State v. Bennett, 083019 KSCA, 119, 185
|Docket Nº:||119, 185|
|Opinion Judge:||PER CURIAM|
|Party Name:||State of Kansas, Appellee, v. Bradley Earl Bennett, Appellant.|
|Attorney:||Randall L. Hodgkinson, of Kansas Appellate Defender Office, for appellant. Stephen P. Jones, county attorney, and Derek Schmidt, attorney general, for appellee.|
|Judge Panel:||Before Bruns, P.J., Malone, J., and Steven E. Johnson, District Judge, assigned.|
|Case Date:||August 30, 2019|
|Court:||Court of Appeals of Kansas|
NOT DESIGNATED FOR PUBLICATION
Appeal from Labette District Court; Fred W. Johnson Jr., judge.
Randall L. Hodgkinson, of Kansas Appellate Defender Office, for appellant.
Stephen P. Jones, county attorney, and Derek Schmidt, attorney general, for appellee.
Before Bruns, P.J., Malone, J., and Steven E. Johnson, District Judge, assigned.
After a jury trial, Bradley Earl Bennett was found guilty of one count of burglary and one count of theft. Bennett directly appeals his convictions and sentences, arguing (1) the State presented insufficient evidence to support his conviction of burglary under K.S.A. 2015 Supp. 21-5807(a)(1); (2) the State committed prosecutorial error during closing argument; and (3) the district court erred in denying the application of jail time credits to his sentences in this matter. For reasons we explain below, we affirm Bennett's convictions and sentences.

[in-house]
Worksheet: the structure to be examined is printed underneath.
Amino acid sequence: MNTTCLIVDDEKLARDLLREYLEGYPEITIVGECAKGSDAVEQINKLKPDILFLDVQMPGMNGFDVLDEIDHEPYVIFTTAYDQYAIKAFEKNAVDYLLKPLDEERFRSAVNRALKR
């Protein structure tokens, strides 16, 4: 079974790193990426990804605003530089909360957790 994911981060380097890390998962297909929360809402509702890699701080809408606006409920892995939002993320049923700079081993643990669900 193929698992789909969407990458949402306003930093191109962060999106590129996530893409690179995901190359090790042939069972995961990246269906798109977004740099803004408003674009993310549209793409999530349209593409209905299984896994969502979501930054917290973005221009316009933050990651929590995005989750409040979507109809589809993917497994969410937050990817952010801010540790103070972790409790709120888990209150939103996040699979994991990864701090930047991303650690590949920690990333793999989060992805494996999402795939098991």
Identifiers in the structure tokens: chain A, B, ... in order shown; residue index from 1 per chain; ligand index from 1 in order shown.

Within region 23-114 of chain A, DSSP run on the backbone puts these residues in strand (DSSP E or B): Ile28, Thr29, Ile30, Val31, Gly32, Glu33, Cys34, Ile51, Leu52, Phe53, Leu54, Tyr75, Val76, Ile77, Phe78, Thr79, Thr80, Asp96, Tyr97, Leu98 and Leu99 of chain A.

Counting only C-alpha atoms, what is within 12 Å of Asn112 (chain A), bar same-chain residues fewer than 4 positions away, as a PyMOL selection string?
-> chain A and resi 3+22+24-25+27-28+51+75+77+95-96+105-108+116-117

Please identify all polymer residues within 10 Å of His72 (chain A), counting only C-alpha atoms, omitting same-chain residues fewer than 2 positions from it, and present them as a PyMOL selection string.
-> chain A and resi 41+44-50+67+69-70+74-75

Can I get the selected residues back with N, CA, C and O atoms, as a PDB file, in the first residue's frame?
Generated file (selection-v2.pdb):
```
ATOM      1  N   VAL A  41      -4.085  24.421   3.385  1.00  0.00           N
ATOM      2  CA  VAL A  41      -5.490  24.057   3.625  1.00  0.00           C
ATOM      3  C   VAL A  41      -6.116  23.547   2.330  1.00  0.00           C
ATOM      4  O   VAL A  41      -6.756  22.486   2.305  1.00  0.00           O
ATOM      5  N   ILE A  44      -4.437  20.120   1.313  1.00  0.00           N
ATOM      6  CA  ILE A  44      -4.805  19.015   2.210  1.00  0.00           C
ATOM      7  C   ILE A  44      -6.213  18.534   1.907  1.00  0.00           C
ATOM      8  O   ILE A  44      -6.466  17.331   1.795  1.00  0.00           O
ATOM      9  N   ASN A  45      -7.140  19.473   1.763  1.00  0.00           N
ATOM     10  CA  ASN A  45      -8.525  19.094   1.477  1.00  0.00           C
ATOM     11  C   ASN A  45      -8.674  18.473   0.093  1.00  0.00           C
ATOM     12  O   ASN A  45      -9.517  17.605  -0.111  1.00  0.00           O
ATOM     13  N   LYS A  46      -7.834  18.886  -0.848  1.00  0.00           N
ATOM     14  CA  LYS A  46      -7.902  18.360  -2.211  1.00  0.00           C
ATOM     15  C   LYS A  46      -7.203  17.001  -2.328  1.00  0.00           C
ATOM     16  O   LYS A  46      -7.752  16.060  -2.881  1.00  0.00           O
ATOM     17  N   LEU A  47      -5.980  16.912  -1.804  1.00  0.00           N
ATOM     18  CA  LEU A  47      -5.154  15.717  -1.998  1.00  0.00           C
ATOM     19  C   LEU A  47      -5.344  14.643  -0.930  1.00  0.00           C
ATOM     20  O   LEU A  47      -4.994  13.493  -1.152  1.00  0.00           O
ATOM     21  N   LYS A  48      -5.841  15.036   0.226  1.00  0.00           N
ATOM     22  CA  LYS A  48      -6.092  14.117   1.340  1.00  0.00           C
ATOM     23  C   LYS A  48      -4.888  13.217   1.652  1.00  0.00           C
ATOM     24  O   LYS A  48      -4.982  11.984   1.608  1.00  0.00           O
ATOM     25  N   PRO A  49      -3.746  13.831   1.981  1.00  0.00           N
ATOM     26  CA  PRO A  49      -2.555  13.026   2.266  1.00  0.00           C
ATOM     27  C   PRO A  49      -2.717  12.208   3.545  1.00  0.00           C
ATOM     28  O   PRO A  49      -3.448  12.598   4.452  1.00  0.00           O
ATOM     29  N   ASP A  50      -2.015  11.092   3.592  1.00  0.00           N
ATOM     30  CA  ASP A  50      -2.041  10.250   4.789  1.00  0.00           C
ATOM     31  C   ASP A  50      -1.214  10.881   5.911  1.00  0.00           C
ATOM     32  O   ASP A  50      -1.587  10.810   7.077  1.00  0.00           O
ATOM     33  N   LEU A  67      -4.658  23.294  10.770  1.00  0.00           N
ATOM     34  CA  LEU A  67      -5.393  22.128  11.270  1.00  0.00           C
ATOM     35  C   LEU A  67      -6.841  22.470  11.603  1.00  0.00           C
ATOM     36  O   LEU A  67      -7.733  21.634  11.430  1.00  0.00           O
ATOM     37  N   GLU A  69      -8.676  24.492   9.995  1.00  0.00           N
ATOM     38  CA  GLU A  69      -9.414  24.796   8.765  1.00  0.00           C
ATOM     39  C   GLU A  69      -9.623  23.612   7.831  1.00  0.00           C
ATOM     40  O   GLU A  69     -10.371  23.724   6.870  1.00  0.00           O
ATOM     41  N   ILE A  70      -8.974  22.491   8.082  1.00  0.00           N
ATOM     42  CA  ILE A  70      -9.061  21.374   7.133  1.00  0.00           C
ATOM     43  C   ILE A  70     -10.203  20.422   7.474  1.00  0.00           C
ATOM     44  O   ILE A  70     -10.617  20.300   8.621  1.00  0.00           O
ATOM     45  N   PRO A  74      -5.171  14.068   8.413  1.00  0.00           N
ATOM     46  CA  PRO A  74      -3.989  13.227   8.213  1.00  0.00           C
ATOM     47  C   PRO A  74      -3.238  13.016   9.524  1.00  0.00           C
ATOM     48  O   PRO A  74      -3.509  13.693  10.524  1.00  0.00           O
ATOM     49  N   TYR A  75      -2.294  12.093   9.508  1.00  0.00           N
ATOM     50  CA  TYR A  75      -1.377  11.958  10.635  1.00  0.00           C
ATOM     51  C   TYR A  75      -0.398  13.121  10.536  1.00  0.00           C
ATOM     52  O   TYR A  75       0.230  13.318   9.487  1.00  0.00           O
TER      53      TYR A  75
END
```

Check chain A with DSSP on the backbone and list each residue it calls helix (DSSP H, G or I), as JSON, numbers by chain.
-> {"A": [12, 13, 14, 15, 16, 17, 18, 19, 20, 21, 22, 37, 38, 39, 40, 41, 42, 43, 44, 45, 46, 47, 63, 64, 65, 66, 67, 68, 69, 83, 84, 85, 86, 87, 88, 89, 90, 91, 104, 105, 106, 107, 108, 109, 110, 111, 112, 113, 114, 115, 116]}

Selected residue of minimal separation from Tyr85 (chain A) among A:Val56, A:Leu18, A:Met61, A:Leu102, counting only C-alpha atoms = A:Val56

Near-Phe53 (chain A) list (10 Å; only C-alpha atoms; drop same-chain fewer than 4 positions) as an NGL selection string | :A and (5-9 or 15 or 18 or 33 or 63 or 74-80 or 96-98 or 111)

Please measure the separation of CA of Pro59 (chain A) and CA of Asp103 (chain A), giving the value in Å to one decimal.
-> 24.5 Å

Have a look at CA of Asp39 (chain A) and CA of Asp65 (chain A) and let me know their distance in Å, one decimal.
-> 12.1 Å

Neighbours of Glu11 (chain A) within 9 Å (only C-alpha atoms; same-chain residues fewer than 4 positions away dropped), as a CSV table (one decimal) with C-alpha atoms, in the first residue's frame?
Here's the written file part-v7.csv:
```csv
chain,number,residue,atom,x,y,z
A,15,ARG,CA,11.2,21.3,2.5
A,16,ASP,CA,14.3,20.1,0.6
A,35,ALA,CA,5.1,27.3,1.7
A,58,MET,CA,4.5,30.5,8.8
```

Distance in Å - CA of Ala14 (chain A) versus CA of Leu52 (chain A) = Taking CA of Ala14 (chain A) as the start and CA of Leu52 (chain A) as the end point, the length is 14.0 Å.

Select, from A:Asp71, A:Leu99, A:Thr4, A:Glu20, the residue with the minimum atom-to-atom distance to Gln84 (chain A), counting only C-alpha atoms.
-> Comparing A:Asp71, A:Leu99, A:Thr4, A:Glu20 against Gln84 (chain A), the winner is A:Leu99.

Factual and Procedural Background
In February 2016, the State charged Bennett in case 16 CR 17 with committing four crimes between the dates of August 18 and 20, 2015: two counts of burglary by entering into or remaining within a dwelling with the intent to commit a theft therein and two counts of theft of property worth less than $1, 000. The State presented the following evidence at Bennett's jury trial.
On August 18 or 19, 2015, John P. Leon returned home from work to find two suitcases and another bag lying on the floor stuffed full of jerseys, jackets, and shoes. He noticed his dog did not greet him as usual. He believed whoever broke in might still be inside. As Leon walked through the house, he noticed a lot of his bags were missing, such as cologne and duffel bags. He soon realized no one was inside and called the police. Leon testified he saw no one run from the home. When the police arrived, Leon informed them someone had broken in, entered his house, and taken various items.